Source: Apollo 10, Neil Armstrong

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  • $\begingroup$ Dear und3niable, I appreciate your response and do agree to an extent with you. My contention was NASA could have maintained the same crew so as to pre-empt any possible error on part of the new crew, which was inexperienced w.r.t. that of Apollo 10. Specially so, I presume NASA could not have face the embarrassment once again, (had there been any failure in Apollo 11), like they had to face while giving a "reply" to the Sputnik, using Vanguard - which failed miserably.. Hope you understand my concern. $\endgroup$
    – Niranjan
    May 20 at 17:54
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    $\begingroup$ Why risk 10 with a newbie crew, just use the guys from 8? Oh but they were noobs too... $\endgroup$
    – Innovine
    May 20 at 18:29
  • $\begingroup$ @Niranjan that is interesting, I’ll take a look to see if there is any memos that detail this but they may not exist. Thanks for the question though! $\endgroup$
    – und3niable
    May 20 at 19:32
  • $\begingroup$ How about this? quora.com/… $\endgroup$
    – und3niable
    May 20 at 19:33
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    $\begingroup$ @Innovine & Polygnome. YES, your point is absolutely valid. If NASA was to take my argument (AS PERCEIVED BY YOU ALL), they could have used the same crew right from 1st space flight. Thanks they dint. I think, Apollo 11 being the MOST PRESTIGEOUS missions US had ever undertaken till then, any & every possible measure to reduce the chance of failure, was expected to be taken by NASA. My point about crew was one of such measures. "ONLY for APOLLO 11". After all, US pres. did have a second speech ready - isnt it? Thank GOD, everything went well & we (humans) did not learn things the wrong way. $\endgroup$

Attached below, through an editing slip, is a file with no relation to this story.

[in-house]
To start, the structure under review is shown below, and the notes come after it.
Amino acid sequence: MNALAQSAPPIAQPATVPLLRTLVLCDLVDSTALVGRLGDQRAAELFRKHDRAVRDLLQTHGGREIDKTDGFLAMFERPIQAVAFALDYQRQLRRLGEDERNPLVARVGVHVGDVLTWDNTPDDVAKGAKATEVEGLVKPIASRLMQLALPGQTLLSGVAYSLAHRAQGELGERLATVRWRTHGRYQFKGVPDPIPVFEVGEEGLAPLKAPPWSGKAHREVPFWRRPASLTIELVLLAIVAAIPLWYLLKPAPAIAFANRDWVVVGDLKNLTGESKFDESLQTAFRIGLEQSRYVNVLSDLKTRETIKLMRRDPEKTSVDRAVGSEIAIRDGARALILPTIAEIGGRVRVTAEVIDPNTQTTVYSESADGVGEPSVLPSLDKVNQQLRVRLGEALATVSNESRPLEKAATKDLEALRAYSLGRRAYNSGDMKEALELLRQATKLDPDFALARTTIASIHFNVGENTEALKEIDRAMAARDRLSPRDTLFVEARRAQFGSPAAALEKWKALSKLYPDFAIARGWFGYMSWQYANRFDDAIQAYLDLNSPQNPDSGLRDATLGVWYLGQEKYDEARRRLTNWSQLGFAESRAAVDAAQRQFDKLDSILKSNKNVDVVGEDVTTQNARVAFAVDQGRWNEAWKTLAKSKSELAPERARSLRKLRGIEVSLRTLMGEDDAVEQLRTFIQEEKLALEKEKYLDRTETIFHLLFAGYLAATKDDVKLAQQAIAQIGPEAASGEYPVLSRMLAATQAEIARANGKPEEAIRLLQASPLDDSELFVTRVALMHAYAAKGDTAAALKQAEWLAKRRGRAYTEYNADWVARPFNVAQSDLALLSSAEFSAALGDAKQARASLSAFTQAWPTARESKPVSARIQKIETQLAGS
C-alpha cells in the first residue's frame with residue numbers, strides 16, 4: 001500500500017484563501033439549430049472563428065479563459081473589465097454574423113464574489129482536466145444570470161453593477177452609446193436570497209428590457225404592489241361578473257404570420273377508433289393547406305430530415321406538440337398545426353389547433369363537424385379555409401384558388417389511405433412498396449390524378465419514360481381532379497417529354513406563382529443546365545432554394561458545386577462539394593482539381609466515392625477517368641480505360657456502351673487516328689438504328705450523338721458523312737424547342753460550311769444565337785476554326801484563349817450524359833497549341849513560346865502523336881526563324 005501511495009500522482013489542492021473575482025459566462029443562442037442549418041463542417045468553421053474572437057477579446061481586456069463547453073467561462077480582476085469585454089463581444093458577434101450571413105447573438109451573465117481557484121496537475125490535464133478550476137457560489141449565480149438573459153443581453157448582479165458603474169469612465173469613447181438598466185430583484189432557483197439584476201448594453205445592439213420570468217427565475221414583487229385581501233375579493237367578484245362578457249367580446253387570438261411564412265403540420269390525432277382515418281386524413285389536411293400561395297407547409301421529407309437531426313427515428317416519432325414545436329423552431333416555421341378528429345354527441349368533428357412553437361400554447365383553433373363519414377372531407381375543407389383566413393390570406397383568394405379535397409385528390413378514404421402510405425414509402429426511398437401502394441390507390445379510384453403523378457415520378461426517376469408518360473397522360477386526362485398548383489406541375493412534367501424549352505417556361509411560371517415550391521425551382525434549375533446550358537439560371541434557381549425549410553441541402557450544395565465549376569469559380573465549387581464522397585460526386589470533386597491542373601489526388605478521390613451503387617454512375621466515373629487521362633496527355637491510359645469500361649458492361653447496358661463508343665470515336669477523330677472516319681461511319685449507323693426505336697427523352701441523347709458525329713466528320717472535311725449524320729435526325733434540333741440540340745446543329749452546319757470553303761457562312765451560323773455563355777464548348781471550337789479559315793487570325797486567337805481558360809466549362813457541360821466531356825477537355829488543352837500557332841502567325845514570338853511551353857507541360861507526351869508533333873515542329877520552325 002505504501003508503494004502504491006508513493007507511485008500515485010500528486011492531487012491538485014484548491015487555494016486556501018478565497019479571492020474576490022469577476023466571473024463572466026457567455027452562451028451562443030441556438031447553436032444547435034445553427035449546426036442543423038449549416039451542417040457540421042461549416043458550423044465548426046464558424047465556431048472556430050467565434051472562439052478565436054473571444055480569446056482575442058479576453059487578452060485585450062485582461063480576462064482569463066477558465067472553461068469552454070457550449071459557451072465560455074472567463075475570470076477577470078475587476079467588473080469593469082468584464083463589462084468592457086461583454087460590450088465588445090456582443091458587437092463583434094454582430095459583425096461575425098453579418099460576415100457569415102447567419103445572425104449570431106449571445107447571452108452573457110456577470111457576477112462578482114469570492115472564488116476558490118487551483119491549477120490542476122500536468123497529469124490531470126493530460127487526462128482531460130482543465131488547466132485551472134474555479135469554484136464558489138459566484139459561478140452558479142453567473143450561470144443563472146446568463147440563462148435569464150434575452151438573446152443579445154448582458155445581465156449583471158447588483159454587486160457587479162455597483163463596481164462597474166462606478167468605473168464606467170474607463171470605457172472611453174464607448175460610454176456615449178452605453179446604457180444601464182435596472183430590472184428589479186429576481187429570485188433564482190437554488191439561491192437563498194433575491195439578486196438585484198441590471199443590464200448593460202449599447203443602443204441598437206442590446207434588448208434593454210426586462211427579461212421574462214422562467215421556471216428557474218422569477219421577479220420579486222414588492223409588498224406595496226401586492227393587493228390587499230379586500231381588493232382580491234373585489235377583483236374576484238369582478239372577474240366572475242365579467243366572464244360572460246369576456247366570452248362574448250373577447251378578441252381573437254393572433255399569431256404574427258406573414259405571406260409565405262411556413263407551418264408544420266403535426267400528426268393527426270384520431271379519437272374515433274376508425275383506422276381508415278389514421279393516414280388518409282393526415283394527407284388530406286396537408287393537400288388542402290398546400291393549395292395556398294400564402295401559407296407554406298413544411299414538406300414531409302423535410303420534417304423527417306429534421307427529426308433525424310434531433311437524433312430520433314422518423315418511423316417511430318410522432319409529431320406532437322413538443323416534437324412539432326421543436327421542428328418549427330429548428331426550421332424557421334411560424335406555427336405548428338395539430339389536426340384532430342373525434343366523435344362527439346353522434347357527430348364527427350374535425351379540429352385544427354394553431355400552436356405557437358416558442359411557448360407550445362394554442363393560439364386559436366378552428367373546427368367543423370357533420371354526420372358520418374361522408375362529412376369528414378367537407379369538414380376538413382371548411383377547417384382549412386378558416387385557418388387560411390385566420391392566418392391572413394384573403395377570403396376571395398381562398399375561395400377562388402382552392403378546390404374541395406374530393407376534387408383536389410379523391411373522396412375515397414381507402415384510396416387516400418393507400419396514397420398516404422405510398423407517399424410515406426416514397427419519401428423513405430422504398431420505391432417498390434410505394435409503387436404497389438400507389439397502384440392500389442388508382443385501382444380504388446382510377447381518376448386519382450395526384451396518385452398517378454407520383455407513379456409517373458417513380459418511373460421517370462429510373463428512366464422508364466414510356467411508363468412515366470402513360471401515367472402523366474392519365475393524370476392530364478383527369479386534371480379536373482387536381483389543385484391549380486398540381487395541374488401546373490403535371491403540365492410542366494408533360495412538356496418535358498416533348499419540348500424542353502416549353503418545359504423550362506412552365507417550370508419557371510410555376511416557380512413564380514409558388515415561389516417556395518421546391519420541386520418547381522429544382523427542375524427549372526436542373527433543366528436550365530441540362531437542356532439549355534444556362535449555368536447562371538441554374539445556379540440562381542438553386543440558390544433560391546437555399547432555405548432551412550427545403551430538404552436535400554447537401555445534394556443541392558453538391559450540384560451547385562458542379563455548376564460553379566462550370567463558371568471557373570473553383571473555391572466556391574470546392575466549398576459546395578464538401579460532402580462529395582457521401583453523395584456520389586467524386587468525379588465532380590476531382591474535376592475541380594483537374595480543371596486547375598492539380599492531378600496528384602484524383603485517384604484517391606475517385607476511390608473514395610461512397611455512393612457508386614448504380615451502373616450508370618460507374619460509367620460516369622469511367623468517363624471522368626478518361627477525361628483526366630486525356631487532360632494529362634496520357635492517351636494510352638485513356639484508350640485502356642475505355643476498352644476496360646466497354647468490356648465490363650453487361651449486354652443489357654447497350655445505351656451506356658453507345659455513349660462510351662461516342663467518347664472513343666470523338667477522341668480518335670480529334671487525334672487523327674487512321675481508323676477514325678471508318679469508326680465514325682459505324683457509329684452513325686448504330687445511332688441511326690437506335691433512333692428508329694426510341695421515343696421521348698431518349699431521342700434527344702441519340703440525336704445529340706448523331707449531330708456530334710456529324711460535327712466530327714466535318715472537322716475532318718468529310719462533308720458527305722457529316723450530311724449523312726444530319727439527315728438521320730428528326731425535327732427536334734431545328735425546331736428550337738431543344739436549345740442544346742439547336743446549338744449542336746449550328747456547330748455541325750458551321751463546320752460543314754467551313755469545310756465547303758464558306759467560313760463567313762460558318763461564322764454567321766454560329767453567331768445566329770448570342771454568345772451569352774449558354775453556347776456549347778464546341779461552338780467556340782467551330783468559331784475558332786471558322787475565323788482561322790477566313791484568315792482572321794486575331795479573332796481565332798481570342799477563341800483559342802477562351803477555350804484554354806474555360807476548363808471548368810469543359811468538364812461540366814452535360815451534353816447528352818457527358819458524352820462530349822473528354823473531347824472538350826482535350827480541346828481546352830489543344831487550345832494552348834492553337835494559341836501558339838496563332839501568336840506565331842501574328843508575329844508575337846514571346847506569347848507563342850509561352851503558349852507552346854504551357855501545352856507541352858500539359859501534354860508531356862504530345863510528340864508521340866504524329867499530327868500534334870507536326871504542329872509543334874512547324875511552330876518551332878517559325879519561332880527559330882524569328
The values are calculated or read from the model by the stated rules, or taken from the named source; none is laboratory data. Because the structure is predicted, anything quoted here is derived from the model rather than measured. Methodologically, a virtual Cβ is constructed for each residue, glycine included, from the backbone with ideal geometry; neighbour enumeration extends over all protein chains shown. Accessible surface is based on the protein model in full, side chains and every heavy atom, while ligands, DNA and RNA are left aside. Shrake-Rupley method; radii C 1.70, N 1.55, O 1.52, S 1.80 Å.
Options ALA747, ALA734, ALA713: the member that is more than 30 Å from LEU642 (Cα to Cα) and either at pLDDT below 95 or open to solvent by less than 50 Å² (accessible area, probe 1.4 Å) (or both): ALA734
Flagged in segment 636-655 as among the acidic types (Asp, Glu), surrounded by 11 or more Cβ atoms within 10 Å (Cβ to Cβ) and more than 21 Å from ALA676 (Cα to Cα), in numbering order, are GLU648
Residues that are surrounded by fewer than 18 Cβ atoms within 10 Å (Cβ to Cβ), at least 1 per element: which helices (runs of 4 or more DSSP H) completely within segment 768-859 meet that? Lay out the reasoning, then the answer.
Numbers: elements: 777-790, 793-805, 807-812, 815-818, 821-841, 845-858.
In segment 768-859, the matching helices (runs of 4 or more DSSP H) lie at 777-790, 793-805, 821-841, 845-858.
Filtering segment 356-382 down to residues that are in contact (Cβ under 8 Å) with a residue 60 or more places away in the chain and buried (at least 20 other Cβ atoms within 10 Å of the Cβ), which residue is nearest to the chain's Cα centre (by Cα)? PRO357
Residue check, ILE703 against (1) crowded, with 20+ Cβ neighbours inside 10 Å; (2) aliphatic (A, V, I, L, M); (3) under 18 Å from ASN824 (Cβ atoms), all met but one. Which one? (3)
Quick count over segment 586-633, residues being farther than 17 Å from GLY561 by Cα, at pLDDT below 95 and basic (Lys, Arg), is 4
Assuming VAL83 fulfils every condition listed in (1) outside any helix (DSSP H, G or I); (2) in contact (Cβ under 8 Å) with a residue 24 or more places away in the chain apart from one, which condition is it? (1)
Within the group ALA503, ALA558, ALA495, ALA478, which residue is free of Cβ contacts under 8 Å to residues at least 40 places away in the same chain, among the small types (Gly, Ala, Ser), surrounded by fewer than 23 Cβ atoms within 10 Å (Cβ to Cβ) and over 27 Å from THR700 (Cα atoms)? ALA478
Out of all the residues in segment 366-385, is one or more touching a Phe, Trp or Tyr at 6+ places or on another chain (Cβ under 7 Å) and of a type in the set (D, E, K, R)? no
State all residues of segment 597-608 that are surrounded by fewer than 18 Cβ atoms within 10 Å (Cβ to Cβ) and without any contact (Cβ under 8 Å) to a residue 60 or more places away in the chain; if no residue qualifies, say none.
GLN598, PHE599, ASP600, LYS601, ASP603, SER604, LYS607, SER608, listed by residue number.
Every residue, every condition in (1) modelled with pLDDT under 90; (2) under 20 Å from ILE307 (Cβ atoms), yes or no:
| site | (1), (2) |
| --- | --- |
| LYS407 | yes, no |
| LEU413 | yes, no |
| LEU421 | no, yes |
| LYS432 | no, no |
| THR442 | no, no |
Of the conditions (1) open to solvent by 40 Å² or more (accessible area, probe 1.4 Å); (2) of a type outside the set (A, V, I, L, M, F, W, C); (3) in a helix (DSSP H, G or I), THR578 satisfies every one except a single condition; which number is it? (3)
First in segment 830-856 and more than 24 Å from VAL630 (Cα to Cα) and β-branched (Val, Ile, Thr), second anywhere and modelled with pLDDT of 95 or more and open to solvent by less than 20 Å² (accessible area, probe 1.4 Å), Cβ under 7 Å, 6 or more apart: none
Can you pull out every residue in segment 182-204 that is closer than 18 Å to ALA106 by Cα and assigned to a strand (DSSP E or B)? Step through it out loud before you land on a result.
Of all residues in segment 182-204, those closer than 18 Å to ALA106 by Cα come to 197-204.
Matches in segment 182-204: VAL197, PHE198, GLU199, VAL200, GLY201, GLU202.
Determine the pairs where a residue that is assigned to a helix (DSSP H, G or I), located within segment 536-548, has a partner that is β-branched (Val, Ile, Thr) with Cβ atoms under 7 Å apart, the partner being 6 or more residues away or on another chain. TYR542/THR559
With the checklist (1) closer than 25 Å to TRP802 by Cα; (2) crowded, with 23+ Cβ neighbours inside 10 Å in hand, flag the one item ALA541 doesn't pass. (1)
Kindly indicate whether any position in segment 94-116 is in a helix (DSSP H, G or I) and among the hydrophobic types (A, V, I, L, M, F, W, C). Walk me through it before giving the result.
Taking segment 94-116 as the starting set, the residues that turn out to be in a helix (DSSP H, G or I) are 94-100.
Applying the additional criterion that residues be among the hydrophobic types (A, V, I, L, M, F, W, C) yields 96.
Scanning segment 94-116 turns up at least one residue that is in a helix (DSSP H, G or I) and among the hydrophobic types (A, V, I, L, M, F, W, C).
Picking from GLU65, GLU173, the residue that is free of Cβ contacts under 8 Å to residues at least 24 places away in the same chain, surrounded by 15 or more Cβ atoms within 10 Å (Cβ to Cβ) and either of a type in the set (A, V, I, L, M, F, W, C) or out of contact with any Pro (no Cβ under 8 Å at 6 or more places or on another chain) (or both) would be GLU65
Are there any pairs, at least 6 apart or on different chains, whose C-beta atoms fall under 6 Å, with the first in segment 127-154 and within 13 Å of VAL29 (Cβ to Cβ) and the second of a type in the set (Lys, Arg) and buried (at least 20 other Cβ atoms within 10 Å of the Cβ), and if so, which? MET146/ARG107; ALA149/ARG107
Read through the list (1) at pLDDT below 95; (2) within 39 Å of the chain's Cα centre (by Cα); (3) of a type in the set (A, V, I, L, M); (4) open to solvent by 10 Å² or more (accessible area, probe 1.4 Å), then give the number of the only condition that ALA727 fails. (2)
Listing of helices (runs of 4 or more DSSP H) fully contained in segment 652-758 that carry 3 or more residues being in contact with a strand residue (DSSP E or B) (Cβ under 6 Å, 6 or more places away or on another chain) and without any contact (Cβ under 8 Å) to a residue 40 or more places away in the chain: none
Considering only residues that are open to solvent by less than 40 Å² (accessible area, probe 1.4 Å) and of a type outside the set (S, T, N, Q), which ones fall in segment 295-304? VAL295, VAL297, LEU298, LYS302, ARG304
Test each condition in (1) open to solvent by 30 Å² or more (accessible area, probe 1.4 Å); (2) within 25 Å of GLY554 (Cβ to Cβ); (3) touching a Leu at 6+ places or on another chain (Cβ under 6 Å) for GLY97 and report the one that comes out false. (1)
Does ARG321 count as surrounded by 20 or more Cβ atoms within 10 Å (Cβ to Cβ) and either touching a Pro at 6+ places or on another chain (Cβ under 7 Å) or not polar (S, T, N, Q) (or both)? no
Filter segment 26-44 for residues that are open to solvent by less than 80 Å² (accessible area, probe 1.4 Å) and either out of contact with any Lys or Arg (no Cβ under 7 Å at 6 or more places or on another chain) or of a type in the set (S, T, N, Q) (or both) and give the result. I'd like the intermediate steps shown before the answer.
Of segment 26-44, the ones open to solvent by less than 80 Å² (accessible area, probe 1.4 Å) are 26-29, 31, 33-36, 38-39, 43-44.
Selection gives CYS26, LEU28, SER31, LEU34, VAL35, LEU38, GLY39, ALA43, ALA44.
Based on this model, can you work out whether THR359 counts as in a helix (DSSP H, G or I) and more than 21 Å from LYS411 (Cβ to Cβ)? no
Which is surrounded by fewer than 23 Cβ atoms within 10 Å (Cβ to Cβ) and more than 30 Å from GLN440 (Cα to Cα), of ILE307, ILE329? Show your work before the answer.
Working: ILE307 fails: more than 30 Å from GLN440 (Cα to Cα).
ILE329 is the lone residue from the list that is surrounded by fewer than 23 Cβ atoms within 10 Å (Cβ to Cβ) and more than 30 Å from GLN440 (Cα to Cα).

– Niranjan
    May 21 at 18:07
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Deke Slayton's basic crew paradigm was that "Any crew can fly any mission" . This was crucial for maintaining morale in a bunch of fiercely competitive over-achievers . Every mission was critical , especially so after the fire . You might even argue that the pressure of being prime crew over 2 missions might degrade performance - not to mention the effect on the back-up and support crews . Apollo 10 did do a good chunk but the full powered descent , landing , stay , staging/ascent & rendezvous was the real show . On a final note - Jim Webb told the 11 crew that they were not to take unnecessary risks & they would get the very next shot if it failed - he might even have meant it.

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    $\begingroup$ Do you have reference for this? $\endgroup$ May 21 at 2:19
  • $\begingroup$ @DrTris: There you are, Jim Webb had anticipated the risk I am trying to point out in my question, and had take the necessary precaution. Thanks. $\endgroup$
    – Niranjan
    May 21 at 18:10
  • $\begingroup$ I was a bit hasty there - always check your sources ! Webb was retired from NASA by then & it was Tom Paine - but it was about taking unnecessary risks , not like you suggest . ( First Man - J R Hansen (2005) pg 338) . Source re Slayton & crews - tinyurl.com/pn5vdf4f $\endgroup$
    – DrTris
    May 22 at 6:31